You can visit to sign a petition to pressure the Broadcast consortium to make sure that Green Party leader Elizabeth May is included in the leaders' debates. You can also let the broadcast consortium know of your disagreement by contacting them at:

John Cruikshank, Publisher, CBC news
(416) 205-6300

Robert Hurst, President of CTV News

Troy Reeb, Senior Vice President of News Canwest Global
(416) 967-1174

Pierre Dion, President, Groupe TVA Inc.

Ronald Cohen, National Chair, Canadian Broadcast Standards Council
P.O. Box 3265, Station D Ottawa, ON K1P 6H8

Glenn O'Farrell, President and CEO, Canadian Association of Broadcasters
P.O. Box 627, Stn. B Ottawa, ON K1P 5S2
613-233-4035 ext: 326

democracy now said...

It shouldn't matter whether the Green Party have met a standard set by an unaccountable media cartel. What matters is that the Greens have now become a recognized participant in Canada's national political debate.

Plus, there are plenty of examples of smaller parties with no seats getting to participate in leader's debates:

2001/2005: Adriane Carr - BC Green leader

1991: Gordon Wilson - BC Liberal leader

1997: Pam Barrett - Alberta New Democrat leader

1993: Preston Manning - Reform Party leader

1993: Lucien Bouchard - Bloc Quebecois leader

In 1997 Jean Charest led the Conservatives into an election with only 2 seats. This is only one more seat than the Greens currently have. Charest was invited to the TV debate.

tjk said...

The Reform Party had won a seat prior to 1993.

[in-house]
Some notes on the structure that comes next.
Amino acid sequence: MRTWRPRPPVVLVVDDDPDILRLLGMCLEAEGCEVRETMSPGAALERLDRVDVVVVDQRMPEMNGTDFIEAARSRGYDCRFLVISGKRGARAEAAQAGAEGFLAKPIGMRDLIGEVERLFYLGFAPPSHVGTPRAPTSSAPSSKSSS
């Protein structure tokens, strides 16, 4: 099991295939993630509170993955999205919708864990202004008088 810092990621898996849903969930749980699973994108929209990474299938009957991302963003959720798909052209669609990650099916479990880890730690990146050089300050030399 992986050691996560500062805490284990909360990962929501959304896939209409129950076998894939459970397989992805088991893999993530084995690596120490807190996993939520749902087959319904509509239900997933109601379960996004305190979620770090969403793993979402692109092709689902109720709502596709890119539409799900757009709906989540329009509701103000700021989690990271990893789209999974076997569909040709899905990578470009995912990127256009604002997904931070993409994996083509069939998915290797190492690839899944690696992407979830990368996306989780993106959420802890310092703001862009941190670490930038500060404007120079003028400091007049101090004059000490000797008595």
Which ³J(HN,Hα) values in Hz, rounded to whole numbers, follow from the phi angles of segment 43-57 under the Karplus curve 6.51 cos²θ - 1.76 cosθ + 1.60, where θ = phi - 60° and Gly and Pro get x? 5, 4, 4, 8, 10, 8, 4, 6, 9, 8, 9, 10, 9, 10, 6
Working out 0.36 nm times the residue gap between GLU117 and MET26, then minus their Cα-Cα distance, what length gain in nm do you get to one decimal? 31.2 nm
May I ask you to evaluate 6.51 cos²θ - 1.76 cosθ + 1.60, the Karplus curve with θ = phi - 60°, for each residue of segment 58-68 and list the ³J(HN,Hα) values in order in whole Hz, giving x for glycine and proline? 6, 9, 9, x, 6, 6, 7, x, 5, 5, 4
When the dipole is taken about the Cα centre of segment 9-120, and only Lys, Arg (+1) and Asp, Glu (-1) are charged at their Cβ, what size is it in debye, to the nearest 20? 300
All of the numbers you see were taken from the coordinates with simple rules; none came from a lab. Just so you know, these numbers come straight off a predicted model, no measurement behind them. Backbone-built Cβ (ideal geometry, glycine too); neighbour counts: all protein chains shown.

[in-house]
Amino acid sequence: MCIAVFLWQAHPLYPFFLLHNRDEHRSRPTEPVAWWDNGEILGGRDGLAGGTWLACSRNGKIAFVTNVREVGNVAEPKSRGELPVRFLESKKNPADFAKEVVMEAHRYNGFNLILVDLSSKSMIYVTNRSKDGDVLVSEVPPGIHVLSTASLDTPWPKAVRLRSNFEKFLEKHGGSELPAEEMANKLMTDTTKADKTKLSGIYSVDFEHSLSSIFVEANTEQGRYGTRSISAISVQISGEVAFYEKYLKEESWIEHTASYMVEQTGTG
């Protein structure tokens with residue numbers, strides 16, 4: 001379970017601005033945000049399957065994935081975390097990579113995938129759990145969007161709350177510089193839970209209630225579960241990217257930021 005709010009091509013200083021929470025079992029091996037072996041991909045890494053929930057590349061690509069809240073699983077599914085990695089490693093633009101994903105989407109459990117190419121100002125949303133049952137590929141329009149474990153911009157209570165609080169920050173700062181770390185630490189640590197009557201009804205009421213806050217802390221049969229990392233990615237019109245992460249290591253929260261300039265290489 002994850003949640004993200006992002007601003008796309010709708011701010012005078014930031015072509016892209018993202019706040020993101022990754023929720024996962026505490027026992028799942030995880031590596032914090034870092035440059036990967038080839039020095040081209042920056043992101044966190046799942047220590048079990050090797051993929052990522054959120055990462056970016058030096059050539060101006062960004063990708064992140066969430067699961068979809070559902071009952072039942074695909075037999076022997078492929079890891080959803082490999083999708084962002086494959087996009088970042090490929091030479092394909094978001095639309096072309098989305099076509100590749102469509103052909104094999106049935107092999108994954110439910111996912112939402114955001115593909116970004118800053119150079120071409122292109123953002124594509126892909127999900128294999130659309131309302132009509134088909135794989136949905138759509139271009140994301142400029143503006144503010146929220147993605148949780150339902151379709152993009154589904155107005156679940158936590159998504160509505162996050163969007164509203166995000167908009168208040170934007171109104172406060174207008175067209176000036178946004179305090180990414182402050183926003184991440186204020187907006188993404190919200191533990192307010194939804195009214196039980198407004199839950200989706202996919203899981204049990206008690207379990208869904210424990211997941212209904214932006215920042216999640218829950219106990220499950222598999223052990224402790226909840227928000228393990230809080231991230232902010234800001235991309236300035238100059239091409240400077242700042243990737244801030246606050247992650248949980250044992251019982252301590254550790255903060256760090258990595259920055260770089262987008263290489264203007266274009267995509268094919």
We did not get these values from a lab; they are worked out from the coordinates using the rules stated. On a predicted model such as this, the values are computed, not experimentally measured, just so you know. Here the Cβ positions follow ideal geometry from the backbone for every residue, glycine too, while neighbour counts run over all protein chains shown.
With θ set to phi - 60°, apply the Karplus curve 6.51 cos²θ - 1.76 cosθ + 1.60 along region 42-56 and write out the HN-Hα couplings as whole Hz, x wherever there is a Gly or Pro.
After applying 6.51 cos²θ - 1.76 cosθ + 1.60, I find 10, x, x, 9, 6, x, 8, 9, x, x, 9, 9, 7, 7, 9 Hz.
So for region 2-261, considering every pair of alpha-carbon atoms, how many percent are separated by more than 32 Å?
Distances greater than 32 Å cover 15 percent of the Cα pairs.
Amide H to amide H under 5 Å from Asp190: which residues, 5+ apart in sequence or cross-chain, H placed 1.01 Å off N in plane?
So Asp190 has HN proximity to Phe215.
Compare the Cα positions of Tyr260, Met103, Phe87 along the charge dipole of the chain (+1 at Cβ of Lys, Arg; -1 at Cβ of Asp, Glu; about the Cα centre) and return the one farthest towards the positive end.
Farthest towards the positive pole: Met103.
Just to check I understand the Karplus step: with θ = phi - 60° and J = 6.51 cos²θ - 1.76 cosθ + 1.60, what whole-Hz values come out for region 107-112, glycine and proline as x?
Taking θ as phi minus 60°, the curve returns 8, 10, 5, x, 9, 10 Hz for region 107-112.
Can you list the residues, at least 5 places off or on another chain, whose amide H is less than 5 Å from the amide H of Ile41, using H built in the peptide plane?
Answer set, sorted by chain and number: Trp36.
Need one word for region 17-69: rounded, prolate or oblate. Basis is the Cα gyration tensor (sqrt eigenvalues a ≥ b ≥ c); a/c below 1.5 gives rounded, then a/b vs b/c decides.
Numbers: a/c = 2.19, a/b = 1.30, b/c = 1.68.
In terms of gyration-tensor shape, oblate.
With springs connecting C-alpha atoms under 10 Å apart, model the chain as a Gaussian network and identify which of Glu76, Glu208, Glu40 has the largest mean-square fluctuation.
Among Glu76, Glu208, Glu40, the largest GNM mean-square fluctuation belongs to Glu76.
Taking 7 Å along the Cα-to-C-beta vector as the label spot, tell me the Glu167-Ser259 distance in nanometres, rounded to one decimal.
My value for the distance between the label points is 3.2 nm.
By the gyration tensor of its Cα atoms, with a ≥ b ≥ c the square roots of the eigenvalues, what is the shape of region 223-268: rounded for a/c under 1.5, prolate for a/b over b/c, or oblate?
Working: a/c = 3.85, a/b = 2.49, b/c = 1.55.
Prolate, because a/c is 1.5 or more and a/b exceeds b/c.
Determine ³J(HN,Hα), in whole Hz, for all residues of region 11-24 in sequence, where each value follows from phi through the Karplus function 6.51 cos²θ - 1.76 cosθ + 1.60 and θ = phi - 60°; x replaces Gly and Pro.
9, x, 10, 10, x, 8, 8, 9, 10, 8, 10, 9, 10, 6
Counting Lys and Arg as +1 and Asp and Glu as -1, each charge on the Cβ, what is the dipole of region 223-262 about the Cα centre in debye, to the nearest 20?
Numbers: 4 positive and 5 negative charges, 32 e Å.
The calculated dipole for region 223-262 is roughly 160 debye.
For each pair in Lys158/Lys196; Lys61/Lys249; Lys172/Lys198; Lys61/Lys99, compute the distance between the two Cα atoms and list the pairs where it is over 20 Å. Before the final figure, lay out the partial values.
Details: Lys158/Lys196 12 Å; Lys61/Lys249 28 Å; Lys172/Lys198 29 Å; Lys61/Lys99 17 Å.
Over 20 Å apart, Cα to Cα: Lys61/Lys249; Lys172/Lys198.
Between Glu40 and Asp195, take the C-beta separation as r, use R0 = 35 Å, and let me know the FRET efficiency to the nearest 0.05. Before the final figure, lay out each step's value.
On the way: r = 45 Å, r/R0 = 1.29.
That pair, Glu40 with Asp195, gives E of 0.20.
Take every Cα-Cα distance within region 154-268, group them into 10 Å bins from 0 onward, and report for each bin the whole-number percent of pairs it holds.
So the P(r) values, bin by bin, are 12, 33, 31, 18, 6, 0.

Ted said...

Ooo, blogging in green!

That'll show em!

daveberta said...

Are Canadian politics so mediocre that we have to rely on the results from a previous election to determine which leaders are worthy of joining the televised debates for this election? It seems to me that the results of the last election are irrelevant to the debate over whether or not the Green Party leader should be included in these debates.

It now appears that after recognizing and giving credibility to the Greens and Elizabeth May over the past year, the media conglomerates have now decided that they are not credible enough to let join the leaders debate. Their having won or not won a seat in the House of Commons is irrelevant, what is relevant is that the Greens are a recognized contributor to Canadian political discourse in this election. This is why Elizabeth May should be included.

Saskboy said...

Janfromthebruce is providing misinformation again. Layton did have handlers admit that he was one of the 3 leaders the CONspiritorium said would boycott the debate because he was too scared to face May in a debate. He also used Harper's excuse that doesn't make any sense because May is a Green, not a Liberal. Elections Canada can verify it for those who remain clueless.

Anonymous said...

I disagree with Elizabeth May participating. No matter what the others have about policies and issues, Ms. May's going to sqwack "green." We all know she has tunnel vision and argues one issue, so I'm not interested in what she has to say.

I'm personally sick of it. I'm concerned about foreign affairs, the economy, crime and to a certain extent green. Even Mr. Dion is buying himself out of his carbon footprint. It's all nonsense to me. She's going to do is turn it into a bigger circus than it already is.

In what country do you have 3 national paries, a seperatist only representing one province and Ms. Green with one single policy in a national debate. It's laughable really.